Luke 17:11-19 is a story of another “good Samaritan” in a sense. Jesus was on his way to Jerusalem, passing near Galilee and Samaria, when ten lepers called out for him to have mercy on them. Jesus tells them to go and show themselves to the priests, and on their way, they were made clean. But one of them, when he realized he was healed, came back, and fell at Jesus’ feet. He praised God and thanked Jesus for being healed. Though there were ten, he was the only one who came back—and he was a Samaritan. Only the foreigner, the outsider, had come back truly thankful for what God had done for him. Jesus told him to get up and go on his way, for his faith had made him well.

The Narrative Lectionary has focused on the theme of names and belonging. This Sunday, it focuses on the story of Ruth in Ruth 1:1-17. Ruth, a Moabite woman, has lost her husband and has become a young widow, as has her sister-in-law. Their mother-in-law Naomi, also widowed, longs to return back home to Bethlehem. Naomi urges her daughters-in-law to remain in Moab, to go back to their father’s homes and find new husbands, but Ruth refuses to leave. In her famous vows to her mother-in-law, she promises that where Naomi goes, she will go, where she stays, she will stay, where she dies, she will die. Naomi’s people will be her people, and Naomi’s God, her God. She pledges herself to Naomi, to becoming part of her family and people. In the chapters and verses following, Ruth, a foreigner, will marry Boaz, and become the great-grandmother of King David.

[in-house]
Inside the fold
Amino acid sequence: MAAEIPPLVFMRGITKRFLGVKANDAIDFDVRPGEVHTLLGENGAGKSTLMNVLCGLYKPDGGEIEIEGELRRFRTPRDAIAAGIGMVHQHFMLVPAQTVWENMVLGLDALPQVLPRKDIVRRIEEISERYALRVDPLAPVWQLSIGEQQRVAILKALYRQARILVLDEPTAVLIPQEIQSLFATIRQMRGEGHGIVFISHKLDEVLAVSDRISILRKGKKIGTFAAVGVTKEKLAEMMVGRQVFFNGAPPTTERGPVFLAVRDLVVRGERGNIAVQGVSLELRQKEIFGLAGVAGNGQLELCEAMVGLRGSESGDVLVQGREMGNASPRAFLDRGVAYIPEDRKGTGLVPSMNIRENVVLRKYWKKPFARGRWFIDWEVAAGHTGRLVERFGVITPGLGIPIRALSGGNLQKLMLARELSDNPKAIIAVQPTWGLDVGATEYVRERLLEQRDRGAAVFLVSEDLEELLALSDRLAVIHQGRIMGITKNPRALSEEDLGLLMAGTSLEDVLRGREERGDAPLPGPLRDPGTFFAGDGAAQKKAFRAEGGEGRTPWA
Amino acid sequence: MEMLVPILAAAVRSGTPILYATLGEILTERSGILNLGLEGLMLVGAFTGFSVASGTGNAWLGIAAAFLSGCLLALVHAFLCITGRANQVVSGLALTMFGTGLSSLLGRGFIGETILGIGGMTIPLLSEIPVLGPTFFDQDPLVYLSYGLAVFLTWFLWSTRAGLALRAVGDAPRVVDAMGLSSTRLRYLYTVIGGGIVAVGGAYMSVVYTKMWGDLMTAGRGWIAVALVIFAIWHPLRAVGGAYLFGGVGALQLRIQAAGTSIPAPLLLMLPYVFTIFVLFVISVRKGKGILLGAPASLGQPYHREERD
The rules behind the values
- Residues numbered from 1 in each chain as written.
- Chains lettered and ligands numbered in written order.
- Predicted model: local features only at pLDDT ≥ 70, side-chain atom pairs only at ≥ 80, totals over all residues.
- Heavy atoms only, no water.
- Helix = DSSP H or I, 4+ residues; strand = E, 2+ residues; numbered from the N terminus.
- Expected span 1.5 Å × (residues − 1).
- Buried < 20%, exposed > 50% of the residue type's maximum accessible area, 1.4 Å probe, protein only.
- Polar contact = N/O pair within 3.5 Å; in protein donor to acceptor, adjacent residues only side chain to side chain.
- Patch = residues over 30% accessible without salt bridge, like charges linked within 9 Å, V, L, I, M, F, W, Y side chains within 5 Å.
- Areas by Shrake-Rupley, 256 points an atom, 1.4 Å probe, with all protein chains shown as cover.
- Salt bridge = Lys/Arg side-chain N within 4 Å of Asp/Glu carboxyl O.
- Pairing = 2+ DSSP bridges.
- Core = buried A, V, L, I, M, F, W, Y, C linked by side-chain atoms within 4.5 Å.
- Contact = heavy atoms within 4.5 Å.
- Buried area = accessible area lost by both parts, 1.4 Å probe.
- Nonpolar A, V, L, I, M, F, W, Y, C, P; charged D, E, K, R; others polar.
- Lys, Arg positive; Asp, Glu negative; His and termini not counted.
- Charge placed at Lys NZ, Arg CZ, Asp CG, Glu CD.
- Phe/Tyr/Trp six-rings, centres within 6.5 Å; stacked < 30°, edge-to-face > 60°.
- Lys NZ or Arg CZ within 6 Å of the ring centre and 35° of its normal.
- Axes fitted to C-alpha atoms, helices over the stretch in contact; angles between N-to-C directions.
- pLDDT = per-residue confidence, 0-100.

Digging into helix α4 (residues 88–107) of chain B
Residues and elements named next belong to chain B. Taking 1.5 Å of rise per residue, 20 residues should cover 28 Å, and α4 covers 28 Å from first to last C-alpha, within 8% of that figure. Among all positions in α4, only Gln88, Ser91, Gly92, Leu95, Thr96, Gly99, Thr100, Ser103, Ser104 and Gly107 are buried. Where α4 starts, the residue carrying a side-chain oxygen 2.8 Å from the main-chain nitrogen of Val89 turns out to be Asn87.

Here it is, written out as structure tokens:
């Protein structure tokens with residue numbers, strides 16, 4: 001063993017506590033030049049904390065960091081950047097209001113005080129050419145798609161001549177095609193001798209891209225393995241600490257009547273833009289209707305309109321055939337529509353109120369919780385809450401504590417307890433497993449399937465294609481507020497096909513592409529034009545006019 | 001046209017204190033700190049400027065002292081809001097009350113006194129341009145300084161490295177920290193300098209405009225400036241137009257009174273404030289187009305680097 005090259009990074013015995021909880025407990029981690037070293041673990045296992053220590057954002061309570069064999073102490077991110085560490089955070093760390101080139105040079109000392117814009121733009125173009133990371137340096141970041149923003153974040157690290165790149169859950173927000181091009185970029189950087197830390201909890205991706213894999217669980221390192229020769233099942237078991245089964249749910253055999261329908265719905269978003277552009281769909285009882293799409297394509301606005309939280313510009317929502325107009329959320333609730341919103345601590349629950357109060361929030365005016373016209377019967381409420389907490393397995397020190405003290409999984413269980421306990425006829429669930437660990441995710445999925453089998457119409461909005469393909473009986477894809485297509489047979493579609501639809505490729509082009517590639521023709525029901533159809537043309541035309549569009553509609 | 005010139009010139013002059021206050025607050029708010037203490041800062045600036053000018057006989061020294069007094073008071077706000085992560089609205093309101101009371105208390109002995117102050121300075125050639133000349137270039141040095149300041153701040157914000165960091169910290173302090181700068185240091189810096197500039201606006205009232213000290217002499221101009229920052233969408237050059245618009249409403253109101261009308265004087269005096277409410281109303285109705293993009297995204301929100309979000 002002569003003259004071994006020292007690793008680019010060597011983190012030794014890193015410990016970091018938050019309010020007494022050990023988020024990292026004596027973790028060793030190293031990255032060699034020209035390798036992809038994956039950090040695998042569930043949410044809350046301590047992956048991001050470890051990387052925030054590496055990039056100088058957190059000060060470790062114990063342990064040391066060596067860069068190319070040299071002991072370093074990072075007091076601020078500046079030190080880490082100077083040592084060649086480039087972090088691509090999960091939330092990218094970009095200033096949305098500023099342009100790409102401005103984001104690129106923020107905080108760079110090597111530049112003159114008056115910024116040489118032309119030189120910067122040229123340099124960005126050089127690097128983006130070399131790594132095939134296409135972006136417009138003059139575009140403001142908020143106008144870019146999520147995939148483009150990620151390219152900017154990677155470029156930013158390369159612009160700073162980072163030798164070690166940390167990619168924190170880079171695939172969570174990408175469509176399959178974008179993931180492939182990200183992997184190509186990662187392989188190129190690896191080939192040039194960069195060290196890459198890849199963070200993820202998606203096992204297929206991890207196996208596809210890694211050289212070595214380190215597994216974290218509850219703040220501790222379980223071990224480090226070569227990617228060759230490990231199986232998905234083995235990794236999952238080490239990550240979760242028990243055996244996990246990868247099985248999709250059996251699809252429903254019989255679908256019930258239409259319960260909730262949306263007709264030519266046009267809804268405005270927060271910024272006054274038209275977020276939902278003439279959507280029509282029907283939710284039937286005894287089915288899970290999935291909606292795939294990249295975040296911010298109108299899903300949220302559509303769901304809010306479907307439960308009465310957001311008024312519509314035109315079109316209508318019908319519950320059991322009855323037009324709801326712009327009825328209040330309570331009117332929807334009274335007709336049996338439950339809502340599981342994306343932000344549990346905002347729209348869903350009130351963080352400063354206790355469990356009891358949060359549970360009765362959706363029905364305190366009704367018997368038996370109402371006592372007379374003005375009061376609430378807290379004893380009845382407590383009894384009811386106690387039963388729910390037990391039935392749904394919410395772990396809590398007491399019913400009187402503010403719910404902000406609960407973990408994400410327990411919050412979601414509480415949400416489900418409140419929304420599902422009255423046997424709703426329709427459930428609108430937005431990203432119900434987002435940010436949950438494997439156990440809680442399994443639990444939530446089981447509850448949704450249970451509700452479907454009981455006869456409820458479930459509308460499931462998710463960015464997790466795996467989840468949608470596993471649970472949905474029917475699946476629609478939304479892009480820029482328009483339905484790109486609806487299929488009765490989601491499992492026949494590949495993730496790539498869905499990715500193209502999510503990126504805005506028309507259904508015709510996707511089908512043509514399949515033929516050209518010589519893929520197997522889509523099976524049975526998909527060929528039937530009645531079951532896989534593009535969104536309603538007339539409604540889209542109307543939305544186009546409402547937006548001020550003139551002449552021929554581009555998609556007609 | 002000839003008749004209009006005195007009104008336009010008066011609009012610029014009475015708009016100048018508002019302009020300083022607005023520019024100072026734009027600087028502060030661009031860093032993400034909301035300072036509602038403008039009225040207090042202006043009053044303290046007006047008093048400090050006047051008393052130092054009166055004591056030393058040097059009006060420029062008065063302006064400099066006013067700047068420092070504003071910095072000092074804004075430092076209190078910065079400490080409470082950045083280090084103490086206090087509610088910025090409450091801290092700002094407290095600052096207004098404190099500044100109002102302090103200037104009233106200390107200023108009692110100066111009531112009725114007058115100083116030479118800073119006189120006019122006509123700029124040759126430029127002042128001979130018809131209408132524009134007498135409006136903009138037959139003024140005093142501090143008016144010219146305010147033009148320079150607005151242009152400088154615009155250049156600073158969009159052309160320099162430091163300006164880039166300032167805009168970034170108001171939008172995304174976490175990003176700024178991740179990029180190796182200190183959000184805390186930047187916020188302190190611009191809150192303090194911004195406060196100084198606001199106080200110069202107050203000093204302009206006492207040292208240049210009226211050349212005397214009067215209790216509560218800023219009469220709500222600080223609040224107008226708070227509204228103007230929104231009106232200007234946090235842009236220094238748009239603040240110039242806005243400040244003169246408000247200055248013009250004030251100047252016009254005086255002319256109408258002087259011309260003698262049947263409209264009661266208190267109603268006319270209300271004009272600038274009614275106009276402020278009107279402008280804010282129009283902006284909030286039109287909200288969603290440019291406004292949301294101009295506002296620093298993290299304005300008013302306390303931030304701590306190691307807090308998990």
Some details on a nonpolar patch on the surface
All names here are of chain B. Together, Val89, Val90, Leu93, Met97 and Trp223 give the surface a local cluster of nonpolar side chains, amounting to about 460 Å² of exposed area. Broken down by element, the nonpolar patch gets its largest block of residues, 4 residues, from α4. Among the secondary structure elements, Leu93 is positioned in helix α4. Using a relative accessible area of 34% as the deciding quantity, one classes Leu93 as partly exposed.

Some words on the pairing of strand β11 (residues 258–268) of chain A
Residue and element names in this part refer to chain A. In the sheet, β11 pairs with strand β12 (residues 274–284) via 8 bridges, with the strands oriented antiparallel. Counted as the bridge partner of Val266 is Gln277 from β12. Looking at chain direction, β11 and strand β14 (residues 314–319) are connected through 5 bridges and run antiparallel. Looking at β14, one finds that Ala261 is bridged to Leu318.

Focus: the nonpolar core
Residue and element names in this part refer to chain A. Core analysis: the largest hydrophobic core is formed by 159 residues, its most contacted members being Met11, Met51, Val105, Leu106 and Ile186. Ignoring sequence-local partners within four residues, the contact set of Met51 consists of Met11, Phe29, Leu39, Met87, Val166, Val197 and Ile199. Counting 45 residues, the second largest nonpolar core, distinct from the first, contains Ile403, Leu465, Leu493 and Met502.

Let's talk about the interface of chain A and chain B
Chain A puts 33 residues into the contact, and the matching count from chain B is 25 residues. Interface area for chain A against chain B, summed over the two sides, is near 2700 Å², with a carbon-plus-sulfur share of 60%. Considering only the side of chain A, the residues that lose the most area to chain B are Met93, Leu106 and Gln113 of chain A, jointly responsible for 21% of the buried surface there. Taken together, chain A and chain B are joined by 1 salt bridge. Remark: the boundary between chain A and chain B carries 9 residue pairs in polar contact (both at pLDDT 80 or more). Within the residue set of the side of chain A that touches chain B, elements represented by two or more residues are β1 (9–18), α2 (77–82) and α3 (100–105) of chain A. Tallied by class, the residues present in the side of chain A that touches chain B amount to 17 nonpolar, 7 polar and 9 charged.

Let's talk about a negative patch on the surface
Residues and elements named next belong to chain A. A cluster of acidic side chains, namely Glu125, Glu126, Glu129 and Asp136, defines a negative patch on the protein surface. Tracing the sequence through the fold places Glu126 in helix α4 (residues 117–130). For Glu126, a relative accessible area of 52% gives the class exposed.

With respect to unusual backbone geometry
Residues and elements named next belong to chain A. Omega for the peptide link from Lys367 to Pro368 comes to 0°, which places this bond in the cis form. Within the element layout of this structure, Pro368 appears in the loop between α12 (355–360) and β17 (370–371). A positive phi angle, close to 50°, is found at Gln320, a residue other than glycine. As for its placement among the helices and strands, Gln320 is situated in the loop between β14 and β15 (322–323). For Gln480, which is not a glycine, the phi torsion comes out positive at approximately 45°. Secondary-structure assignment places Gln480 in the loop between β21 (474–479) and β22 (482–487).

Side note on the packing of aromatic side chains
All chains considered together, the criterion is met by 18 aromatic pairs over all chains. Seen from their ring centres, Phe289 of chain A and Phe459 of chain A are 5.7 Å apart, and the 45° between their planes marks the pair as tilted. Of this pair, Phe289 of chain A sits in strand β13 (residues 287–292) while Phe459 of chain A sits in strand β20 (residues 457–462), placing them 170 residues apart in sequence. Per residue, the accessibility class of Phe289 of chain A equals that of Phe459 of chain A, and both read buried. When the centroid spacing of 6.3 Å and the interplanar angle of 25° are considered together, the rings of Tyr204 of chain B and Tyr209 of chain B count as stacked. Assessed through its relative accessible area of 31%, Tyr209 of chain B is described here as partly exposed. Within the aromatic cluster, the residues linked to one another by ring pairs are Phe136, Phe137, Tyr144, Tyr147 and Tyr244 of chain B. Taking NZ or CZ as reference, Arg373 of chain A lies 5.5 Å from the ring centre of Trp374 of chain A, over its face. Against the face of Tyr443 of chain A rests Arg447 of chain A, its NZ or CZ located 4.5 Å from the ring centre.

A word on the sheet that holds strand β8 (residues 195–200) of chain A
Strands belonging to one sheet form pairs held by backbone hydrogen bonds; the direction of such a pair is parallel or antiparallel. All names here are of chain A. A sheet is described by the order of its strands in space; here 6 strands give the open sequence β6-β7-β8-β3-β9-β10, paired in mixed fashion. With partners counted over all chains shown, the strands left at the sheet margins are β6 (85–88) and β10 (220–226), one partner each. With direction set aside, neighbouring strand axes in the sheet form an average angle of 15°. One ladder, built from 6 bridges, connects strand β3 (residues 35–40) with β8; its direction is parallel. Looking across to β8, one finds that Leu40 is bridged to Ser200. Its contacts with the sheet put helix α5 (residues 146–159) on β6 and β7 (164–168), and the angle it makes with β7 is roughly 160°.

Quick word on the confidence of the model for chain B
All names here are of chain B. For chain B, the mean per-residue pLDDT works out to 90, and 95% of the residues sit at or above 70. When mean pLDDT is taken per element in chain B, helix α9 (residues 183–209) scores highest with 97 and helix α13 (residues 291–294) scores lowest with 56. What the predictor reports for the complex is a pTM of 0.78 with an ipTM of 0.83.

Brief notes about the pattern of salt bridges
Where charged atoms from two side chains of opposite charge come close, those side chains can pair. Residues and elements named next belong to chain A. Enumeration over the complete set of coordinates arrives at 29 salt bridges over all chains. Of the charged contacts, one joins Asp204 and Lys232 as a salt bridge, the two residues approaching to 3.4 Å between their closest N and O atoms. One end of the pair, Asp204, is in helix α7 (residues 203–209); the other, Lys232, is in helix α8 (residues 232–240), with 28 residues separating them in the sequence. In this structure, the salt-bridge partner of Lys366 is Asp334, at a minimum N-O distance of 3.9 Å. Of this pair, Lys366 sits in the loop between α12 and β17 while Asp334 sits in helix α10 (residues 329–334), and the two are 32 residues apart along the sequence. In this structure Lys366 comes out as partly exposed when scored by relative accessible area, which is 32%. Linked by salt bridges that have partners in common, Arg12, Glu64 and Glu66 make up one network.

In a moment when Jesus’ own family tried to stop him, in Mark 3:33-35, Jesus asked, “Who are my mother and my brothers? Those who do the will of God are my mother and my sister and my brother.” This didn’t mean his mother and brothers were valued any less, but that they were also part of the greater family of God that Jesus perceived all around him.

Faith and belonging—God continually challenges us when we draw our lines, where we say who we are against other people. Ruth was a Moabite, a foreigner, and at certain times in the history of Israel, the Israelites were not to marry Moabites. Yet Ruth became the great-grandmother of King David. Naaman thought he was better than the Israelites, but when he realized that it was God who was healing him, he recognized that the only God of the whole earth was the God of Israel, the people he had gone to war against. Samaritans were despised because they worshiped in Samaria instead of Jerusalem and only viewed the Torah as sacred scripture, yet more than once, Jesus interacts with, includes, heals, and welcomes Samaritans, and even upholds them as an example of how to be a neighbor who loves one another. Jesus declares that those who do the will of God are his mother and sister and brother. There are no borders in God’s community, in God’s family—all that is required is faith to belong (and even then, there’s some wiggle room—just look at Thomas).

Call to Worship (from Mark 3:35; Galatians 3:28; Revelation 7:9)
Those who do the will of God are Christ’s mother and sister and brothers,
There are no outcasts in the family of God.